In Charity News

The patient experience: what are your top tips?

Following last week’s inspiring and thought provoking BBC Radio 4 Today programme with Nick Robinson and Tessa Jowell talking bravely about their experiences with cancer, we set out to expand upon the 4 key themes of their discussion. You can read about them here:

Today Helen Bulbeck, brainstrust’s Director of Services and Policy tackles the final theme from the programme – your experience.

On the one hand this should be the easiest to write about (after all, its in brainstrust’s DNA) but it is so complex; there is so much at play.

Why is it so hard to get right?

Why is it so hard to ‘get patient experience right’? How do you tread that fine line between telling the truth and nourishing hope? Poor communication is associated with worse clinical and psychosocial outcomes, worse control and worse adherence to treatment; it causes confusion around diagnosis and prognosis which means that stress levels are high for everyone. There will always be discomfort when talking about a life limiting, or life changing diagnosis, but having these conversations in a sensitive, honest and supportive way can be transformative.

Handled well, a patient and their caregiver should be secure with the uncertainty that a brain tumour diagnosis brings, be open about not knowing and taking risks, and know that their inner dialogue is constructive. Have a look at our guide for some pointers about how to have a good conversation. Sadly, we know that these conversations are not always handled well and that people are not always told that they have a brain tumour in a supportive way. The National Cancer Patient Experience Survey evidences this. Only 32% of you were given a care plan. 38% of you didn’t understand the explanation about what was wrong with you. A little over 40% of you felt that you had enough support during and after treatment.

Yes – it is a complex pathway, full of twists and turns, and unexpected moments (cancer treatment plans rarely progress linearly – but even knowing to expect the unexpected can help).

You are the expert on you

In medicine, data points, clinical trials and experience guide choices in the road to be taken. After all it is our (the patient’s) road map – we look to our clinical team for guidance but ultimately the decision which way to go is ours. And this is when resilience, the ability to be agile is key. The patient is the expert on them – on their social circumstance, their appetite for risk, their context, their values and preferences. The clinician is the expert on diagnosis, treatment options and outcomes.

So what makes a good experience? How do you respond to emotion, deal with the stress of living with a brain tumour, manage expectations, nourish hope when at times the situation is bleak? As a clinician you can’t do it all. The professional obligations begin with designing effective and safe cancer treatment plans individualised to each patient, their goals, their physiology, and the biological aspects of their cancer. They must also manage the symptoms of the disease, its treatment, and the myriad of psychosocial, spiritual, and physical distresses accompanying a cancer diagnosis. You can read more on this here.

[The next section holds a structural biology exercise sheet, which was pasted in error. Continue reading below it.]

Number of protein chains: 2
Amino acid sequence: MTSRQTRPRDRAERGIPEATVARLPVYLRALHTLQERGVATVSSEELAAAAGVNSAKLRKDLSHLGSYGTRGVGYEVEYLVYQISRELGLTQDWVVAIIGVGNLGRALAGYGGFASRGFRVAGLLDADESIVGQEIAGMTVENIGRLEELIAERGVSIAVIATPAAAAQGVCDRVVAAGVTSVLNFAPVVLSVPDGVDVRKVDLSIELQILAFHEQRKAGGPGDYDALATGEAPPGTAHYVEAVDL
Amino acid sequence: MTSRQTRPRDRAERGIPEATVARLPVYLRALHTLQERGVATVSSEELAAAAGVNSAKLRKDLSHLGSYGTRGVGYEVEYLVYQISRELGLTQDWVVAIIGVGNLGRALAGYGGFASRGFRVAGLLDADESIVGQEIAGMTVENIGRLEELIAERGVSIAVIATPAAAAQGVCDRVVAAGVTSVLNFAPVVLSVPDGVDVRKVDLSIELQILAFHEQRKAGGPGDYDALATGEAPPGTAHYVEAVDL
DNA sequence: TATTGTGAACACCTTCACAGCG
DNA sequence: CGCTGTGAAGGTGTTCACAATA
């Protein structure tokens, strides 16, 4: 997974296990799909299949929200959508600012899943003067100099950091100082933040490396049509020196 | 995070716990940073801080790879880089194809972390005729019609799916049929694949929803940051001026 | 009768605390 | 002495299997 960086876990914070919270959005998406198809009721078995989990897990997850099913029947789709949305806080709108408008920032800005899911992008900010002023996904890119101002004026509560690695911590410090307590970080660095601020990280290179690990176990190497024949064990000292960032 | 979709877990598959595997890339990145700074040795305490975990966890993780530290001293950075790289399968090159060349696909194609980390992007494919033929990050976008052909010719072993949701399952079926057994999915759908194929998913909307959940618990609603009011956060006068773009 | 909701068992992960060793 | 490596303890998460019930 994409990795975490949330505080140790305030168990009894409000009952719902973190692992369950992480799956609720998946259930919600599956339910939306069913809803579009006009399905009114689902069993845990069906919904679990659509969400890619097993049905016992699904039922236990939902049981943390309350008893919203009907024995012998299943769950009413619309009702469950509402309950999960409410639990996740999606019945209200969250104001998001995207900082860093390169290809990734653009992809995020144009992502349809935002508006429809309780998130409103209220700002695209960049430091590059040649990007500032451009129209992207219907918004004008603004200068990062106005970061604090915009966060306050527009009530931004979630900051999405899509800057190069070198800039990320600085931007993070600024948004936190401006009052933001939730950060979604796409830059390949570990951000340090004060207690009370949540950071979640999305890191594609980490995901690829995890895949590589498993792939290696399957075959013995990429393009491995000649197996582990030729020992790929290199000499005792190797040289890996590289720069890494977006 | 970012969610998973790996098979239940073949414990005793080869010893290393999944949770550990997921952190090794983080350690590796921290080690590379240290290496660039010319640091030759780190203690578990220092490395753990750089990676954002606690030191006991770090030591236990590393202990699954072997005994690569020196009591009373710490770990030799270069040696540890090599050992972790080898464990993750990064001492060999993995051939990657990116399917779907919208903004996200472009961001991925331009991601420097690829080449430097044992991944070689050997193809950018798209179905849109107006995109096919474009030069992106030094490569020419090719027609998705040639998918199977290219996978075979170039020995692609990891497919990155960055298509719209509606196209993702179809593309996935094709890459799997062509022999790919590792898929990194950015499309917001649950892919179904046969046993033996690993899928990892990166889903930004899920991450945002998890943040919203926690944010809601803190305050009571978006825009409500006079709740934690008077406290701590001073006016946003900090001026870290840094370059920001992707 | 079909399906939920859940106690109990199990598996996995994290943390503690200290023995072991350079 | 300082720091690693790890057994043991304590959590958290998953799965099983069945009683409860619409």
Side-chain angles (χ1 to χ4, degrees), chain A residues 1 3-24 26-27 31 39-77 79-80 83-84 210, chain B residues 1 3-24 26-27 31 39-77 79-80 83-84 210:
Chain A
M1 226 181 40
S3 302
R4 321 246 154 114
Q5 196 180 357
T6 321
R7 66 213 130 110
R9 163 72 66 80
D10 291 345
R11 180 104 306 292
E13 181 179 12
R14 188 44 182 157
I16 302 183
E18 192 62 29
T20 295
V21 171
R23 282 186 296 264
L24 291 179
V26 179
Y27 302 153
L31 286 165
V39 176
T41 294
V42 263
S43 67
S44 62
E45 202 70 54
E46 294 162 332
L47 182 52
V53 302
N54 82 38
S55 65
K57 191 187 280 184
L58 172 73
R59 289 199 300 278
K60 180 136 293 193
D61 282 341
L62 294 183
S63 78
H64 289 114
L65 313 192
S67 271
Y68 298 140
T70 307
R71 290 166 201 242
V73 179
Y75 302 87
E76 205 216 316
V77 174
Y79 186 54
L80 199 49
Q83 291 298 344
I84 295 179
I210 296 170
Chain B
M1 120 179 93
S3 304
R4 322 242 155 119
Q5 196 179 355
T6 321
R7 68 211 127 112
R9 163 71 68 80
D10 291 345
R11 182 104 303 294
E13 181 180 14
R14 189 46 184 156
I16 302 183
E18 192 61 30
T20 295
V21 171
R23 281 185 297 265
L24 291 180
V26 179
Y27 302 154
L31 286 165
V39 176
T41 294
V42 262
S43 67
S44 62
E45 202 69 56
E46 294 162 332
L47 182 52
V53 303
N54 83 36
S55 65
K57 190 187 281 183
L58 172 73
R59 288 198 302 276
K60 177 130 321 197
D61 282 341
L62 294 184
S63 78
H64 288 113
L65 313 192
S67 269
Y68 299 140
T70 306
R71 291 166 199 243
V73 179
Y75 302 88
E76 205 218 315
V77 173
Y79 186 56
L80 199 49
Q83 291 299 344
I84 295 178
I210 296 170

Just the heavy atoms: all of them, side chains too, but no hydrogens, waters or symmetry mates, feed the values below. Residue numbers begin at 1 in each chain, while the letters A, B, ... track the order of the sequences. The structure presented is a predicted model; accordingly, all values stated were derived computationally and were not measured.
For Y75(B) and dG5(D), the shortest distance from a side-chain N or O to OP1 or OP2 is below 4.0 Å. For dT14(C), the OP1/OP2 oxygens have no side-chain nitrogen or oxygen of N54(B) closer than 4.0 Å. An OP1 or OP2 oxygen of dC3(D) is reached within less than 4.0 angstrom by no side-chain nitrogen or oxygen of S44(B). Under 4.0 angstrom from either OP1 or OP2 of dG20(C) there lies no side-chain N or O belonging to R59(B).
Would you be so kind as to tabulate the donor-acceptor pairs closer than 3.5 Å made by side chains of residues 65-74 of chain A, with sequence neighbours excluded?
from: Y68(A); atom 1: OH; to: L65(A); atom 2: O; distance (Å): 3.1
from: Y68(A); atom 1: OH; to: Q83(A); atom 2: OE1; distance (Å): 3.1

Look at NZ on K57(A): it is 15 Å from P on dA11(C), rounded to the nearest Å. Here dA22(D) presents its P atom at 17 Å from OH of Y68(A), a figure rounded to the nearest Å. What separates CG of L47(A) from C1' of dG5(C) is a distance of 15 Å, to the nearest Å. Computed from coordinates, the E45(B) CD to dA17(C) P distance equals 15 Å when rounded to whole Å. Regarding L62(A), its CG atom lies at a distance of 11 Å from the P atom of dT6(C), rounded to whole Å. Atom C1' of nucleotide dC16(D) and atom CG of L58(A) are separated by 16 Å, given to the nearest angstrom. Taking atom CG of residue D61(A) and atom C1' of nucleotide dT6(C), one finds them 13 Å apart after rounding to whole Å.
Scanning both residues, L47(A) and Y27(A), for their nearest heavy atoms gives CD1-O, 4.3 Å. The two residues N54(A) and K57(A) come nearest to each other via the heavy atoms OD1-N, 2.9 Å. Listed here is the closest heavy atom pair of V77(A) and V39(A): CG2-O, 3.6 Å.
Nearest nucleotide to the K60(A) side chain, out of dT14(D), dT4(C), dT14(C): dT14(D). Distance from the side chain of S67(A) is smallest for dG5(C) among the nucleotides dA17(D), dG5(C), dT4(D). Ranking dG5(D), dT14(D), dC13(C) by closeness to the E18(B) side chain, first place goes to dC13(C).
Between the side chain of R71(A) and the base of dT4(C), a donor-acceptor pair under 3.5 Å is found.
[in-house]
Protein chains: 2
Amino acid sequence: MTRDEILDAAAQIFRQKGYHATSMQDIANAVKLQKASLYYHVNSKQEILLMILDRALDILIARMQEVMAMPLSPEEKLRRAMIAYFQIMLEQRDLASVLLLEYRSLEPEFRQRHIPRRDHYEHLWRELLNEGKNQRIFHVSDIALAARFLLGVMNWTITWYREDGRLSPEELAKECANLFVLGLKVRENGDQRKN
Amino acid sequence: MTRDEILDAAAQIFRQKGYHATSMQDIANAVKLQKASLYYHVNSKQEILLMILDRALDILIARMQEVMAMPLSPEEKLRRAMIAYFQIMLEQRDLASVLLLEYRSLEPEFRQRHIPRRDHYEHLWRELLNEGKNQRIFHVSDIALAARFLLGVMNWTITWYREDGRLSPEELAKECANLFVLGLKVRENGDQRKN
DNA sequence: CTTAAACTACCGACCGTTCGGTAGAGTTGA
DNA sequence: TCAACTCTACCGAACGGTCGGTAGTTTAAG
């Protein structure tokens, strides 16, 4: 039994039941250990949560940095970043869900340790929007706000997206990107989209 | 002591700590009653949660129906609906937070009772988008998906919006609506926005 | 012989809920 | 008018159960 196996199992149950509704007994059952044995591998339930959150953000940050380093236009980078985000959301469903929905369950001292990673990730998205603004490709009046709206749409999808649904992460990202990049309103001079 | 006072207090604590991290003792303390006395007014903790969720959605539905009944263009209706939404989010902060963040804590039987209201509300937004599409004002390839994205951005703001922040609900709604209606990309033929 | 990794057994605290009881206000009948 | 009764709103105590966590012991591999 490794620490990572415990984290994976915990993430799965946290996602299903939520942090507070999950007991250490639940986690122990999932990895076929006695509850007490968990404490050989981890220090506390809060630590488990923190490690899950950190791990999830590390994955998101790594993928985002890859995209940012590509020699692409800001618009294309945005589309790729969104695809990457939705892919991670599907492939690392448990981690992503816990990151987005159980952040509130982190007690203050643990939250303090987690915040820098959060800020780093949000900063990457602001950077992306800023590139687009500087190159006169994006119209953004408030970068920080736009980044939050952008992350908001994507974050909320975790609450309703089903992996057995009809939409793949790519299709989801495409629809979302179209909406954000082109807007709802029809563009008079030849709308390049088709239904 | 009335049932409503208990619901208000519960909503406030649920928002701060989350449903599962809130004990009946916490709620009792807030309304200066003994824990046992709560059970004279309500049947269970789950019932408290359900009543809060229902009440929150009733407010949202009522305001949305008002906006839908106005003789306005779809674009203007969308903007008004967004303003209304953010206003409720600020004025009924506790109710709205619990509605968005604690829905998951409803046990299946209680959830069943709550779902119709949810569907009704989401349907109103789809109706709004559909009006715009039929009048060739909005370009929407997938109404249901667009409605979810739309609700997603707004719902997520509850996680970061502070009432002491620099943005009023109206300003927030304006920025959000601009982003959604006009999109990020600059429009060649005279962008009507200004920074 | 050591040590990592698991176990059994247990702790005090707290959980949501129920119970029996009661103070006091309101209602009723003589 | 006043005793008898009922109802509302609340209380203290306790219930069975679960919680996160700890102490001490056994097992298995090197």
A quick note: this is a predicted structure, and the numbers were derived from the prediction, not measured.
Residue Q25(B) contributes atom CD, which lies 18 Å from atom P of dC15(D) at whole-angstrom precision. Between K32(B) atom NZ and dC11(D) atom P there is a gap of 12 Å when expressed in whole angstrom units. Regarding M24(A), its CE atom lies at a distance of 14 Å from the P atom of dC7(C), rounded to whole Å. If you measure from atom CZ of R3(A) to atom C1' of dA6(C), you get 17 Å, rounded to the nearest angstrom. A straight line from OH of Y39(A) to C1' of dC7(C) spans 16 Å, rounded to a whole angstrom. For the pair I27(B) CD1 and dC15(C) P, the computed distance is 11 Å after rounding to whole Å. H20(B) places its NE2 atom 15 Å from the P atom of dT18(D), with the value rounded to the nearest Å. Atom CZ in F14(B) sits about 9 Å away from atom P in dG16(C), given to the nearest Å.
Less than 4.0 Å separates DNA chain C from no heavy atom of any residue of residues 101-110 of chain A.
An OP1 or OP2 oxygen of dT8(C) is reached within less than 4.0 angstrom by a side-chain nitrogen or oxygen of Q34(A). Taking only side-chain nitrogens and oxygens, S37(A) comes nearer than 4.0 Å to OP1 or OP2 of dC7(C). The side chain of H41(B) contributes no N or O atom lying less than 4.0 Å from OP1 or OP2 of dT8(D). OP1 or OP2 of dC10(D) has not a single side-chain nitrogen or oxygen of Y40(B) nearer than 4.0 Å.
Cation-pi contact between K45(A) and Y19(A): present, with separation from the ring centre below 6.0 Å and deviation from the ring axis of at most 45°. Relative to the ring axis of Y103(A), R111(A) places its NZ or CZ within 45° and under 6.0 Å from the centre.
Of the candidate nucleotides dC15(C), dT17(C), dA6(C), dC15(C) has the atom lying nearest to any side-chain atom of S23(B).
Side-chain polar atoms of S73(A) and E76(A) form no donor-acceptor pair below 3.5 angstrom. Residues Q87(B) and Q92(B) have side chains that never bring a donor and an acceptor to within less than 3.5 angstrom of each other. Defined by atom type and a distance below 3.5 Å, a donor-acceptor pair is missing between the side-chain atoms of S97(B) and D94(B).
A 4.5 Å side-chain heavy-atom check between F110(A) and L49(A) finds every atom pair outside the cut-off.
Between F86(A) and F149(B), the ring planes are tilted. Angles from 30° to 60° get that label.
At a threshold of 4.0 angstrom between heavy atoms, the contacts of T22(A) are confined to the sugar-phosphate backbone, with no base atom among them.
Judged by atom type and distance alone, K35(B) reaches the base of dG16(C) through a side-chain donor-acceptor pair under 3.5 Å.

Stepping up to the mark – communicating well

As patients and caregivers we need too to step up to the mark. There are some guiding principles which will help us to make sure we have a good experience:

  • People must stop asking ‘are you ok?’ (nobody ever answers this with the whole truth) and start asking ‘what are we struggling with the most?’ And if we aren’t asked it then we need to make sure we are asked, or reflect on the question regularly ourselves. You don’t need to know the answer but just saying it to someone can unlock the challenge.
  • Prepare for consultations by talking with your friends and family about what would be a good outcome before you knock on the doctor’s door. Tell the clinician what you want to get out of the consultation. Revisit this at the end of the consultation. Summarise next steps and then think who is in your team who could help you with these actions.
  • Give those around you some pointers as to how they can help. Be specific in your ask and don’t feel bad about it. If you were in their shoes you’d want to help.
  • Read, read and read some more. That way any decision you make will be an informed one. And if you don’t want to do the reading ask someone close to you to do it and distil the key messages for you.
  • Ask about clinical trials. Only 24% of patients were asked if they would be interested in research. It is incumbent upon us, the patient community, to ask whether there are any appropriate trials and how do you donate tissue, if you are having surgery.

As friends and family of people with a brain tumour, we need to be thoughtful, considerate and respectful. Some tips we have heard on our ten year journey supporting people with a brain tumour at brainstrust include:

  • It’s fine to say ‘I don’t know what to say’
  • Be specific in your offer of help, not ‘how can I help’ but, ‘I can help you with transport’, or ‘can I cook you a meal’. And it’s ok to offer more than once.
  • If you know someone who has died from a brain tumour, we don’t always wish to know.
  • Sometimes it’s good to talk about something else.
  • It’s good to laugh
  • Don’t judge the patient if they chose to work
  • Support with any diet or lifestyle changes, for example many people with a brain tumour decide to reduce sugar intake

It only takes seconds for a clinician to ask you ‘what do you need to have an improved experience?’ And you need to know what to say. Talk to us – we can help you articulate it.

Making the conversation better – what’s worked well for you?

What’s your top tip for a good experience for you? Let’s start the conversation.

You can share your tips on our facebook page: or email